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High Street Blues: Balham residents voice concern over rise of betting shops

This feature can also be found on the South West Londoner, here.

“Balham is my ‘village’ and I use it daily for shopping, dining and community engagement,” said Kevin Fitzpatrick of Fieldhouse Road, Balham.

“The addition of yet another betting shop will add nothing positive.”

He’s talking about a planning application submitted by Coral Bookmakers on May 2. The proposed location is on Balham Station Road, replacing a dry cleaners and directly next to The Moon Under Water pub.

What’s more, a gambling arcade, Cashino, is just down the road. The close proximity of these businesses is giving both shop owners and residents a cause for concern.

Have you recently noticed an increase in certain types of stores on your high road? Odds are, you’ve seen new charity shops, betting shops and chicken take-aways sprouting everywhere. It’s no coincidence, it’s happening all across Britain.

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A Jazz Interlude: Interview with George Simmonds of The Squintet

This article can also be found at the South West Londoner, here.

It’s difficult being 22. For most of us, it’s the point where we struggle to balance adulthood with the aftermath of university. But for George Simmonds there’s a jazz quintet to lead and a music agency to run. And astoundingly, both things are rapidly gaining momentum.

A Londoner through and through and presently based in Tottenham, George has taken his love of jazz music from a young age and formed his band, The Squintet, with childhood friends and other budding artists.

George himself leads on trombone and vocals, his old high school friend Jamie Hone on saxophone, Mike Cuthbert on keyboard, and Jack Polley on bass guitar.

Rob Hervais is the newest member of the band, on the drums, replacing Bryan Taylor who left.
With them, he’s shared his jazz passion all over London (including Soho, Islington and the famous The Rivoli Ballroom in Lewisham) and also abroad in Istanbul and Norway.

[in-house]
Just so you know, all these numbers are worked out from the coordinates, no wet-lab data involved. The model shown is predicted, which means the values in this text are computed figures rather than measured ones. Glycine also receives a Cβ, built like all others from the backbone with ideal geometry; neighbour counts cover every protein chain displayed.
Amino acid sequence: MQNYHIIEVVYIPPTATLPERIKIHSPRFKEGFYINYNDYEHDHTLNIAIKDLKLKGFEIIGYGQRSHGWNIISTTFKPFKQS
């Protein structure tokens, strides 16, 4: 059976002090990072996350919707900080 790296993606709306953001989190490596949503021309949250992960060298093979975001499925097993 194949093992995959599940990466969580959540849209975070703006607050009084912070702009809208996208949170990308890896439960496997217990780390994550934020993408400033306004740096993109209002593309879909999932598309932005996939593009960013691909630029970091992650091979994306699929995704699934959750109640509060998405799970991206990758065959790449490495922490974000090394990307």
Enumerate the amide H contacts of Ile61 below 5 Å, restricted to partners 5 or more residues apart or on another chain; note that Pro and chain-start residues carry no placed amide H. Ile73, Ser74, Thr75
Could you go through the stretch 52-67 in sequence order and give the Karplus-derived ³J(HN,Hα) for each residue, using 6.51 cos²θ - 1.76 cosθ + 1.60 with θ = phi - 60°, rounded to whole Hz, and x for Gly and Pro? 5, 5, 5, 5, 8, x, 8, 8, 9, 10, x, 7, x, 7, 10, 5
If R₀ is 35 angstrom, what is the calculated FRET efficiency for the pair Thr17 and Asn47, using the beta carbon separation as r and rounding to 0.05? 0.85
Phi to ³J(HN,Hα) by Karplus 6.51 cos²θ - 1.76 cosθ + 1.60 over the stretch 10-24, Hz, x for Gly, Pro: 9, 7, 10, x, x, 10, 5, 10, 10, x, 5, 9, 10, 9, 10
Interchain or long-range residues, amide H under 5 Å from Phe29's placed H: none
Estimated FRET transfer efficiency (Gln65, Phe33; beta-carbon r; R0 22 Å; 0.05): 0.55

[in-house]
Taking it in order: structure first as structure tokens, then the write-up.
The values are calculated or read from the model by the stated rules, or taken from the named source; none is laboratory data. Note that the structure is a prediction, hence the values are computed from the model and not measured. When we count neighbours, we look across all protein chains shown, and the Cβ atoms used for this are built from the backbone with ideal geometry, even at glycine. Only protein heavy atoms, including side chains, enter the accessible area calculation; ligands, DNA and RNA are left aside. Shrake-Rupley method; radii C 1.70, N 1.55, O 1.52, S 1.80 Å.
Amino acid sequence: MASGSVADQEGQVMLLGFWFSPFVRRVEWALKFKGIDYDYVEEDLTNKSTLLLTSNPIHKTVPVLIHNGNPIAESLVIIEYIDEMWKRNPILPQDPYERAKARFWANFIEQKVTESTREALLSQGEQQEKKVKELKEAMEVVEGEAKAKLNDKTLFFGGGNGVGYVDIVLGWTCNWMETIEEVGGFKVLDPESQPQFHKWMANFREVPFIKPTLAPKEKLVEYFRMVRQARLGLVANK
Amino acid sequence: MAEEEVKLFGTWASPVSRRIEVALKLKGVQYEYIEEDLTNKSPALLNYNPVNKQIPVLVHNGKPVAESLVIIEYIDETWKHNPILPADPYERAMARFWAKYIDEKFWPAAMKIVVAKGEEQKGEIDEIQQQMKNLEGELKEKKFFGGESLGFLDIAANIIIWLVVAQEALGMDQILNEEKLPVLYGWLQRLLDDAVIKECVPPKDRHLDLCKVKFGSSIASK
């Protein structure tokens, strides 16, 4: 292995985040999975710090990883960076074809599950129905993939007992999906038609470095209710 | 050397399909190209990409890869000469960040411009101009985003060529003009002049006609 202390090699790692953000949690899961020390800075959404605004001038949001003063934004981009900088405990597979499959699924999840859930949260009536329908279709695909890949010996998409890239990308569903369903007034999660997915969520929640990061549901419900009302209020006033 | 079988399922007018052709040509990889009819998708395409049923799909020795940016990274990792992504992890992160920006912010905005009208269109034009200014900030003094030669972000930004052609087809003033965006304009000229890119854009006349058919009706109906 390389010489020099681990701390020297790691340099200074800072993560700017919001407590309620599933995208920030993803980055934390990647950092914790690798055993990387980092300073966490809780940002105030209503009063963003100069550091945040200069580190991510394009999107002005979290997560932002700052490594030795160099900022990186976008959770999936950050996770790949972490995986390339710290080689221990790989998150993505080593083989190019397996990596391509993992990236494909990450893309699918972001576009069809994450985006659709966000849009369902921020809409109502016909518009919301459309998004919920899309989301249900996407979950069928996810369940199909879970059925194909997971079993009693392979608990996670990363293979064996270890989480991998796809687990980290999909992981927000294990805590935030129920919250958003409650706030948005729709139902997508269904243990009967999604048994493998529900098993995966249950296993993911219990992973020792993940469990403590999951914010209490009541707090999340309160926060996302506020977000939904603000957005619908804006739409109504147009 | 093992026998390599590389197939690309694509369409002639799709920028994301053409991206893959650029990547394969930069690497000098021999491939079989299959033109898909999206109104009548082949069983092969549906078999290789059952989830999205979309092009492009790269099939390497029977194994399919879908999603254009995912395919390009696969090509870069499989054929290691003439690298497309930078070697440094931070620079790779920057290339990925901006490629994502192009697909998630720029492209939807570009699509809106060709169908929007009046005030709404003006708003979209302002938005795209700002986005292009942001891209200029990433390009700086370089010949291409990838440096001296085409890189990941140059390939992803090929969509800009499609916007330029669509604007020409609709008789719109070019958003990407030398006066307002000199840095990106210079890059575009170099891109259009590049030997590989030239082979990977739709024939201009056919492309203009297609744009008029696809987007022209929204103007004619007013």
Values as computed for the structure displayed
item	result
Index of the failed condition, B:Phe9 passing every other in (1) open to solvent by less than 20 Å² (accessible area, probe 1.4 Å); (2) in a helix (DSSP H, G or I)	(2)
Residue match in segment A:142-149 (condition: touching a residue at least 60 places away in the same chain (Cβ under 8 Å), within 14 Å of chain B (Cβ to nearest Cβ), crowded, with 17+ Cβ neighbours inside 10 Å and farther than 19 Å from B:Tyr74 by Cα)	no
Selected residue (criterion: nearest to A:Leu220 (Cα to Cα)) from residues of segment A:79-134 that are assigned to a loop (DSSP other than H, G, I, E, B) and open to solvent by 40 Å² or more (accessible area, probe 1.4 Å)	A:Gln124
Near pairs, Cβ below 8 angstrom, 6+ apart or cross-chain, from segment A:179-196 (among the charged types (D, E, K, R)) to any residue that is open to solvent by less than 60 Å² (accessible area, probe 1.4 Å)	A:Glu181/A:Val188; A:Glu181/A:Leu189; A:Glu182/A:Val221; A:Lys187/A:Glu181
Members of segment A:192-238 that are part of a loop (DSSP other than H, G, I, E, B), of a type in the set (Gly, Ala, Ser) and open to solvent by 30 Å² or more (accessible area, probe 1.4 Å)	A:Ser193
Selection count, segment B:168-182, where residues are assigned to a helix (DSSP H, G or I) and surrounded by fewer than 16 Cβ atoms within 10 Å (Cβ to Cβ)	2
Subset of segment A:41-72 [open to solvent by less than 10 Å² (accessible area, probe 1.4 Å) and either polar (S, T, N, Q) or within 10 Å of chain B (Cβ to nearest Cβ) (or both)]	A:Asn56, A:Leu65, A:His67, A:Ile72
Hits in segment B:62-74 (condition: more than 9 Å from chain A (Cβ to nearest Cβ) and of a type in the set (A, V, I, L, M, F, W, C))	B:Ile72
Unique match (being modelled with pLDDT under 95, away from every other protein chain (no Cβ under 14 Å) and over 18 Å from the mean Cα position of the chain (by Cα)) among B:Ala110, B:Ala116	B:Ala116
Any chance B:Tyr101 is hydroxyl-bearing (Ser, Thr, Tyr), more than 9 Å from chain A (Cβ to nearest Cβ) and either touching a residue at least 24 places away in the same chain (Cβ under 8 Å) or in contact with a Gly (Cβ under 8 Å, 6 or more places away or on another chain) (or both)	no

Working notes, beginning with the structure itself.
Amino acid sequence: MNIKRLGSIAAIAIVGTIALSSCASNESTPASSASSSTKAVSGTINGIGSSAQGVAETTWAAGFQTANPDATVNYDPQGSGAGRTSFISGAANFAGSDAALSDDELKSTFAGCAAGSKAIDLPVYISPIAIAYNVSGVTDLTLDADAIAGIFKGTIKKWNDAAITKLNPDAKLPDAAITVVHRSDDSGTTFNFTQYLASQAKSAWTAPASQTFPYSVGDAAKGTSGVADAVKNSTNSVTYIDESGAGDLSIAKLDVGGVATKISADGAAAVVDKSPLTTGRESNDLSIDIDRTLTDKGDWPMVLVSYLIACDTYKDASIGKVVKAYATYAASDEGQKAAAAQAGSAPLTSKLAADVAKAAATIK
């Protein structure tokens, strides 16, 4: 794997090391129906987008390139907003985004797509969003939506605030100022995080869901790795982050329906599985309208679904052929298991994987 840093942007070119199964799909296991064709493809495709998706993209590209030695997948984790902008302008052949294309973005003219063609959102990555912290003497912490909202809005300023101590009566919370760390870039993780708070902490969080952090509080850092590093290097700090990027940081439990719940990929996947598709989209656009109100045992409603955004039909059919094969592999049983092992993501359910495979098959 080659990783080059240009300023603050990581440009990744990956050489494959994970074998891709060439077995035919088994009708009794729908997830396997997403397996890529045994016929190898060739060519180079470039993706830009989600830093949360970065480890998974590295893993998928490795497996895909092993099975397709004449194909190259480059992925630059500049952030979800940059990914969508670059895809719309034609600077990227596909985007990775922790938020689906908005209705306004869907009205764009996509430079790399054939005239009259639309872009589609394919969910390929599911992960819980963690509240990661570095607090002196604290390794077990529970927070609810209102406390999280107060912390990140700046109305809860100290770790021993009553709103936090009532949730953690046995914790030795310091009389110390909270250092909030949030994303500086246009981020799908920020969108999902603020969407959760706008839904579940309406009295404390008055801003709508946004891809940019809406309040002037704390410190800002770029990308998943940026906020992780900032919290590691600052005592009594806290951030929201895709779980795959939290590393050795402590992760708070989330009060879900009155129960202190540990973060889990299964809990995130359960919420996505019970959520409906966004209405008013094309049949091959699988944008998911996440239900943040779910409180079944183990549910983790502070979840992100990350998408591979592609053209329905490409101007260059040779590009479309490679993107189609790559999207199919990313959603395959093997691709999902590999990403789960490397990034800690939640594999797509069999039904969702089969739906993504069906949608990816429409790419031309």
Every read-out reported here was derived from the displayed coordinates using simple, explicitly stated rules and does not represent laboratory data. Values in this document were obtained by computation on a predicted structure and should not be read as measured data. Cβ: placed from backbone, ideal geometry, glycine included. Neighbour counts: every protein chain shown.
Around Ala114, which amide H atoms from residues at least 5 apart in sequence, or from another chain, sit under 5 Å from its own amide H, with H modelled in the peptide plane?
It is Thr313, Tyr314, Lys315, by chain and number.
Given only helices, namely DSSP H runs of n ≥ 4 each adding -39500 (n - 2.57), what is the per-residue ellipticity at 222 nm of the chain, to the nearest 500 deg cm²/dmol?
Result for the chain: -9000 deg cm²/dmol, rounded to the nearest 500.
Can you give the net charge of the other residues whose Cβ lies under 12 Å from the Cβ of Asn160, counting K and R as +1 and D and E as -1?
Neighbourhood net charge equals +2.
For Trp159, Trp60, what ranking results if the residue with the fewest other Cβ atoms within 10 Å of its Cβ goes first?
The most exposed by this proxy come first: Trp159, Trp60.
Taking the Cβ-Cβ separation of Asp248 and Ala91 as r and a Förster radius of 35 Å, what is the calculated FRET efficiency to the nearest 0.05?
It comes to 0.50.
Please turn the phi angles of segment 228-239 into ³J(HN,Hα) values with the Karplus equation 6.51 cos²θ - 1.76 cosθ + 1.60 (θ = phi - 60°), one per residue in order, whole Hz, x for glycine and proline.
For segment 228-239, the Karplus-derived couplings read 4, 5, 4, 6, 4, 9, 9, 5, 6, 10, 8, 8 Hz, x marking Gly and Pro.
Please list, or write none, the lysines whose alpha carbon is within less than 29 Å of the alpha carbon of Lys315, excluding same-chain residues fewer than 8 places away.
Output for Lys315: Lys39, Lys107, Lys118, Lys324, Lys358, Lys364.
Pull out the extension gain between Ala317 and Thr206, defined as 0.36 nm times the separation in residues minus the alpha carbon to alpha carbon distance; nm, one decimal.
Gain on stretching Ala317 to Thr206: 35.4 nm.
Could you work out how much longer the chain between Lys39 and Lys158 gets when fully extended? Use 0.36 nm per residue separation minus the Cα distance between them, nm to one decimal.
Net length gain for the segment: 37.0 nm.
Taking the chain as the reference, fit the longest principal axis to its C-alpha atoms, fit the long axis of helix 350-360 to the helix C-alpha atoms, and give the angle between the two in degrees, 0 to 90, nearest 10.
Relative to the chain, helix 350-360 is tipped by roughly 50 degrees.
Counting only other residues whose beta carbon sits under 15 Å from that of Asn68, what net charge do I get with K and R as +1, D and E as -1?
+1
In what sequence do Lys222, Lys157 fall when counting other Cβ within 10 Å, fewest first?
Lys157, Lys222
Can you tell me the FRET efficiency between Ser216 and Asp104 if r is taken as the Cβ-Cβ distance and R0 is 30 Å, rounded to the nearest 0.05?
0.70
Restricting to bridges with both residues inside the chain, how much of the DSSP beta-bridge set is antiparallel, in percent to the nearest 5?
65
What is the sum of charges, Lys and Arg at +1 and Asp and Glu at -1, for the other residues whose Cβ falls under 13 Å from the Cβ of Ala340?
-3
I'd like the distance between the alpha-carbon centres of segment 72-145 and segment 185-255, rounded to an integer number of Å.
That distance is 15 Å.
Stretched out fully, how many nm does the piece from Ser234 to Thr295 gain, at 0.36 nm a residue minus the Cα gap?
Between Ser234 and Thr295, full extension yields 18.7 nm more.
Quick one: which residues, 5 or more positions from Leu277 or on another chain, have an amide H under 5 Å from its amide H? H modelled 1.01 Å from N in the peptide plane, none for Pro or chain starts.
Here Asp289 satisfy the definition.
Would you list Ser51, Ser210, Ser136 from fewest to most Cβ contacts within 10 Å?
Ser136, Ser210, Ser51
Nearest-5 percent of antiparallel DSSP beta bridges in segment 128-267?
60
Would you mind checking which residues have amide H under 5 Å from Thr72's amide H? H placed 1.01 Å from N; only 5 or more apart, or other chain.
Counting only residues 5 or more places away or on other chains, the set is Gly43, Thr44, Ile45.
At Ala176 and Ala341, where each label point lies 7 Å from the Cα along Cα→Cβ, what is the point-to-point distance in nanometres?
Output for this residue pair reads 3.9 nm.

Over time their sound has changed – starting out with a strong swing feeling, before moving to a more funk-focused, New Orleans-style sound in recent months. The change was sparked by the drummer Rob, and George says that the band has definitely become more comfortable since.

At the start of performances with The Squintet, George likes to open with ‘Honeysuckle Rose’ by Fats Wallop, a piece played to him by his grandfather as a child. The version he was familiar with was performed by Acker Bilk, and the memory has always stuck with him. 

His musical influences include J.J. Johnson, Jimmy Knepper (both trombonists), and Charlie Parker. More recently he’s been taking on the funk-based influences of James Brown and Fred Wesley.
During a period of taking an interest in composing, Duke Ellington and Charles Mingus’ jazz orchestras were a major factor.

For the last two months, George has also plunged into the world of business with the Maxwell Barrett Music Agency. Christened after his middle names, he uses it to both set up his own gigs and those of his steadily increasing client list.

After playing music professionally for three years, he felt that to go into conventional employment and have less time for his music was not an option.

Running a business in your early 20s is a fairly daunting task, so he co-runs it with his father.
New gigs are being planned all the time, and George is definitely looking to perform more in the South West London area.

You can find out about future gigs at or on his Facebook page.